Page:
It’s feast time! I’m excited to be featured in the holiday feast issue from the Flathead Beacon—especially because my contribution, Crumble-Top Deep-Dish Apple Pie, made the front cover of the print edition. If you can’t pick up a copy locally, you can find the story online.
If you read to the end of the story, you’ll find the other reason I’m so excited to share this piece: Starting next month, I will be joining the Flathead Beacon as a food columnist. I’ll share more about that project—and some changes coming to this blog—when the first column goes live.
This week’s feature story in the Flathead Beacon includes my recipe for one of my favorite holiday pies: a single-crust apple pie with a crumble top. For the deep-dish version, I packed 4 pounds of apples into the pie plate. Learn more about why I love this pie and get the complete recipe here.
Twice as Tasty
You can use a store-bought or gluten-free crust for this pie, but I prefer a homemade one. It takes little time, and I have several tips that make homemade crust easy. If you’re new to making pie crust, the single bottom crust for a deep-dish pie is a good place to start: You can practice mixing and rolling without worrying about showcasing your crust skills on the top of the pie. Instead, the crumble top lets the apples peek through and complements their fresh flavor.
Ready to give it a try? Full details are in the recipe below, but here are the basics:
You need just 3 main ingredients plus salt and ice-cold water.
1. Work the fats and then liquid into the flour.
2. Chill the dough.
3. Roll and fit into the pie plate.
Deep-Dish Pie Crust
1 teaspoon flaky kosher salt
1/4 cup unsalted butter, chilled and diced
1/4 cup coconut oil, chilled
3–4 tablespoons ice-cold water
In a mixing bowl, combine the flour and salt. Work in the butter and coconut oil with your fingertips until the dough becomes mealy. Drizzle in a tablespoon of water at a time, working it in briefly with your fingers, until the dough starts to cling together. On a piece of parchment paper, press the dough into a disk, wrap it up, and chill for at least 1 hour.
When ready to make a pie, remove the disk from the refrigerator and roll it out on a lightly floured surface until the diameter is at least 1 inch larger than the top of a 9-inch deep-dish pie plate. Fit the dough into the pie plate, trimming away any that hangs more than an inch over the edge. Flute the dough along the plate’s lip, pinching it between your thumb and forefinger to form a wavy edge. Makes 1 single crust.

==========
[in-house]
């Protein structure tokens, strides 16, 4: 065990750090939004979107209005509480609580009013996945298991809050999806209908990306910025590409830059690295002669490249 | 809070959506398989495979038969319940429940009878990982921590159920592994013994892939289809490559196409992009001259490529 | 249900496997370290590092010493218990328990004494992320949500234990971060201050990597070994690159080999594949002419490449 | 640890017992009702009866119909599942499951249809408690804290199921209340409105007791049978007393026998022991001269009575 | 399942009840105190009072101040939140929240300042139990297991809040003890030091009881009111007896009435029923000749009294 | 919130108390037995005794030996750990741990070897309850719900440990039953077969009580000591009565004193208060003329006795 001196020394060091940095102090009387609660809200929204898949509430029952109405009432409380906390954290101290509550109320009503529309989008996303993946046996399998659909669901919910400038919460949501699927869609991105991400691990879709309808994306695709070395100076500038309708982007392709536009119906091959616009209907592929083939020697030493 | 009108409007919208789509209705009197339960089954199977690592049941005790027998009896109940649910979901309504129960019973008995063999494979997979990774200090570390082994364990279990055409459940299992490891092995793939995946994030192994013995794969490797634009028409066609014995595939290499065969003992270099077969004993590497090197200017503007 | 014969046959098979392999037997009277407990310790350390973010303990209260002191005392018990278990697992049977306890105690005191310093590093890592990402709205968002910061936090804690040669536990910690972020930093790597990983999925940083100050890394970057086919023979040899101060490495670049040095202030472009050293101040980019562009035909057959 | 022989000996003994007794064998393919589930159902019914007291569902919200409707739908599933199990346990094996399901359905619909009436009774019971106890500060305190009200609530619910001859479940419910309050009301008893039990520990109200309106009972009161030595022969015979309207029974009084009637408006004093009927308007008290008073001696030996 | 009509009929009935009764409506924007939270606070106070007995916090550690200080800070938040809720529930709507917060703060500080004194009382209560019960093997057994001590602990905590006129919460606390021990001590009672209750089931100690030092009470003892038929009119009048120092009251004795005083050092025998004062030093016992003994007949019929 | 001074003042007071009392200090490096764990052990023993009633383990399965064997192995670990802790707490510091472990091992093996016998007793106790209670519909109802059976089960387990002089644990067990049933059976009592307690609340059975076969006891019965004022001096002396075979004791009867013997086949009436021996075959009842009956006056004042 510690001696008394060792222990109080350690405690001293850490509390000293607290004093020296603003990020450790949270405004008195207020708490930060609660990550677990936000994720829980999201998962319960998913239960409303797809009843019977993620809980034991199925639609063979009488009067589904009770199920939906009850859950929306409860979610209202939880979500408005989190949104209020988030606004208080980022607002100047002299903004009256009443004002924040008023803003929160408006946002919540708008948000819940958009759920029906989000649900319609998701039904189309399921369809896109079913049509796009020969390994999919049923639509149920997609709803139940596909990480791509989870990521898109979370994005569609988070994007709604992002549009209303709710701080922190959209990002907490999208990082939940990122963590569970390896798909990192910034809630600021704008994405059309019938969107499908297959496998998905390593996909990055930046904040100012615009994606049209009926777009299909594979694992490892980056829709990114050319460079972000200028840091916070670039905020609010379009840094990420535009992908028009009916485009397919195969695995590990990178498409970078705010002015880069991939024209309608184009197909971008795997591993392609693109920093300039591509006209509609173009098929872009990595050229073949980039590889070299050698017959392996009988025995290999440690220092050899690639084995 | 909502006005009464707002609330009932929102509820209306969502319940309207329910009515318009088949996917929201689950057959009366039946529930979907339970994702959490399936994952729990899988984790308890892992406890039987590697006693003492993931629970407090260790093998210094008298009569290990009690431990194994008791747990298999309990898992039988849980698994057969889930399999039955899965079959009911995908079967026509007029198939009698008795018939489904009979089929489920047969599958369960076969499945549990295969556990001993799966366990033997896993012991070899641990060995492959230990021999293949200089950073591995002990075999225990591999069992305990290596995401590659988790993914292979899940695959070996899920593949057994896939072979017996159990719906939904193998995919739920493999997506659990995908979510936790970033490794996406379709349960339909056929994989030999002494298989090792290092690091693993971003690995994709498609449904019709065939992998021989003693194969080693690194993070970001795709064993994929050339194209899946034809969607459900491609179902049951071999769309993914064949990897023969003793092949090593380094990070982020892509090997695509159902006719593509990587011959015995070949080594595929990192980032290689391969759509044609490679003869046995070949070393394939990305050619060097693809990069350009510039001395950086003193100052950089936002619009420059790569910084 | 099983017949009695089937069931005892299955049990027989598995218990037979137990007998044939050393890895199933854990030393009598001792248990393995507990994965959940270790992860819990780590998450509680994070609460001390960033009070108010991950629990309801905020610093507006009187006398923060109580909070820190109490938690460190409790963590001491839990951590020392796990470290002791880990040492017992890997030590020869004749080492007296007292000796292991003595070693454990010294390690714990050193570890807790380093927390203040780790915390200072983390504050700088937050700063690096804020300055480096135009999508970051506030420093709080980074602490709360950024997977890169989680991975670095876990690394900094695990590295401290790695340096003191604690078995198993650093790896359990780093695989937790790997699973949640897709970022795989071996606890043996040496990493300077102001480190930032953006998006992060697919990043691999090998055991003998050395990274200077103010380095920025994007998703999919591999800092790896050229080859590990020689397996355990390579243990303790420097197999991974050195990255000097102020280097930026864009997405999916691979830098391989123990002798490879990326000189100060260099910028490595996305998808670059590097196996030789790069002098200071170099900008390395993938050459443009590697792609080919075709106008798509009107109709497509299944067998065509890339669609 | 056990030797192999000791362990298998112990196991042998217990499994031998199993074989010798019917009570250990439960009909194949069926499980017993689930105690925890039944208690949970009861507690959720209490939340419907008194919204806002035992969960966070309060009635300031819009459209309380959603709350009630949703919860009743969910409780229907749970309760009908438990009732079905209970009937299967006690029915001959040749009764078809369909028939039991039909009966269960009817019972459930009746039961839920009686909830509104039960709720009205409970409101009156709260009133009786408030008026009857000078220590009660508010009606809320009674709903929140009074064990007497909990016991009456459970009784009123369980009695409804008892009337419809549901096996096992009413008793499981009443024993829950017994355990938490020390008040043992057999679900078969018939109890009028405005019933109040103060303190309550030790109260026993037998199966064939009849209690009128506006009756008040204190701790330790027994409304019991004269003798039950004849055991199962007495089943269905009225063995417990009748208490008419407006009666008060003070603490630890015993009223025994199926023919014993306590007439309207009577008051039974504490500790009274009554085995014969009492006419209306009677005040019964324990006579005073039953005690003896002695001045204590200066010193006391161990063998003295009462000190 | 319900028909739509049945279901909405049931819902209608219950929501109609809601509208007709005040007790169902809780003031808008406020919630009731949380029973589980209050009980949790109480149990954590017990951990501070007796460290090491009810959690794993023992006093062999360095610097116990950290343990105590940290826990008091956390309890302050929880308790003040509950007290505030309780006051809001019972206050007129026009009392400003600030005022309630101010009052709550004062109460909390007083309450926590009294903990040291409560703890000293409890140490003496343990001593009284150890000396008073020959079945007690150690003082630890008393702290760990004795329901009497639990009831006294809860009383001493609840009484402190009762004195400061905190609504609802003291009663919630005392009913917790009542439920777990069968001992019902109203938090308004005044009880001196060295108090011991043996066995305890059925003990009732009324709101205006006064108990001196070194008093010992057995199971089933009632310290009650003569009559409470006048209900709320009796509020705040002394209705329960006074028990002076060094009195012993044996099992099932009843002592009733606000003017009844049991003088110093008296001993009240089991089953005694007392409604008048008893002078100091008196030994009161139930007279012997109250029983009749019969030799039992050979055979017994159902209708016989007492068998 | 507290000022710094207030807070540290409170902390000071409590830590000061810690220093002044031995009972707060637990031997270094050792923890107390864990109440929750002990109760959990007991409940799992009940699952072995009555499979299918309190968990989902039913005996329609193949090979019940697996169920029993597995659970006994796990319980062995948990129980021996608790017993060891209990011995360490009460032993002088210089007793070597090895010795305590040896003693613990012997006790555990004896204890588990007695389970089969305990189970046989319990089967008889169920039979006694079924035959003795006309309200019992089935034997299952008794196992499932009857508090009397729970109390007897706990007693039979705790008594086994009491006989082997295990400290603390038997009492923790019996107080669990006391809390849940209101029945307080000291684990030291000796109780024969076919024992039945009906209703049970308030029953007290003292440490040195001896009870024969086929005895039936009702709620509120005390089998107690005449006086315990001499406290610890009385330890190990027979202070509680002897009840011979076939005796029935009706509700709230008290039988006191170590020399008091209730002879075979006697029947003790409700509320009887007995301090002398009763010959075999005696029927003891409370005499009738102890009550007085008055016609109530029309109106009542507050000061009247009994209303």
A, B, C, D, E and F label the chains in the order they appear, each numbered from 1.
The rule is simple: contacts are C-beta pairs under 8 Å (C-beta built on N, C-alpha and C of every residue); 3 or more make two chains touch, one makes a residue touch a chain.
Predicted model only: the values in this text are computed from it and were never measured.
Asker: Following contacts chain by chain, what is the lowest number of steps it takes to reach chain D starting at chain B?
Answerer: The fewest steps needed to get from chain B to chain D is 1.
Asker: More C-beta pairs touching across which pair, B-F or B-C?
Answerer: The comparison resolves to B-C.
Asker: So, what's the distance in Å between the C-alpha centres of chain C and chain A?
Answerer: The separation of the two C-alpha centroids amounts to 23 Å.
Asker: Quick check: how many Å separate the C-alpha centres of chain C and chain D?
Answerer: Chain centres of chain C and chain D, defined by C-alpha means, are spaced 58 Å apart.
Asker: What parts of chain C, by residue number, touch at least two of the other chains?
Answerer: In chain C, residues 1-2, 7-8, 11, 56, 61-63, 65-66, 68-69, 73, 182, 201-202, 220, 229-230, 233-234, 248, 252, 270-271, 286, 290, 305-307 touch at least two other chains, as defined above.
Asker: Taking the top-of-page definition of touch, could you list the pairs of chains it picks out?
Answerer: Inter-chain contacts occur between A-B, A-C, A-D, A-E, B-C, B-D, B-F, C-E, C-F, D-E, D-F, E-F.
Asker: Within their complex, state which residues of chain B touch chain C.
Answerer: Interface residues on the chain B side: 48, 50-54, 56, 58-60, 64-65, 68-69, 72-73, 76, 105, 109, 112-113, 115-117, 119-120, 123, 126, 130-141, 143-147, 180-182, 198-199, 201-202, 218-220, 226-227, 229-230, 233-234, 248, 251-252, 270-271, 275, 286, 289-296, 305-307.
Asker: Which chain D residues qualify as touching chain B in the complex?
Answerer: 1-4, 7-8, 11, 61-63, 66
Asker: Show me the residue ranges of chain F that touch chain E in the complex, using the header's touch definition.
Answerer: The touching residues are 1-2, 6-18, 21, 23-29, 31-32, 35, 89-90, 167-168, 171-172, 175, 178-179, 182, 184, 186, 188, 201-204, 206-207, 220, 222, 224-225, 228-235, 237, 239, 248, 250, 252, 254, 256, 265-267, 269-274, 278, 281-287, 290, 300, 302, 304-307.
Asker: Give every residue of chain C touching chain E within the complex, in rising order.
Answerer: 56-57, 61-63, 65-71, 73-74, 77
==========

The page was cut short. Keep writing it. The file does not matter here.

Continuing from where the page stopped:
Tips & Tricks
- I use this same crust recipe for standard pie plates, which usually leaves me with leftover pastry that I reroll, sprinkle with cinnamon and sugar, and bake for a snack. Expect to use all of the dough when rolling this crust for a deep-dish pie.
- When you’re ready to tackle a top crust for a deep-dish pie, simply double this recipe and divide the dough into two disks before refrigerating. Apple pies can be baked with a top crust; I also use a top crust for berry and peach pies.
- You’ll get a flakier, tender crust if you keep the dough as cold as possible while you work. I chill all the ingredients and a medium bowl for at least 30 minutes before starting. That way, when my hands work in the fats, the dough doesn’t get too warm and tough.
- Pie dough will keep wrapped and sealed in a zip-close bag in the refrigerator for several days. I let the dough warm up slightly before trying to roll it; you want it to be cold but still soft enough you can dimple it with a fingertip. You can also seal pie dough in a freezer-proof bag and freeze it for several months.
- Crumble-Top Deep-Dish Apple Pie is a family favorite, but pies don’t always need to be fruity or sweet. This crust recipe works for Creamy Pumpkin–Rum Pie, Late-Season Tomato Pie, and other crust-filled dishes like quiche.
Want more Twice as Tasty recipes? Get my books! Click here to order a personally signed, packaged, and shipped copy of The Complete Guide to Pickling directly from me. I also share tasty ways to use pickles in The Pickled Picnic, a digital collection in an easy-to-read PDF format; it’s only available here.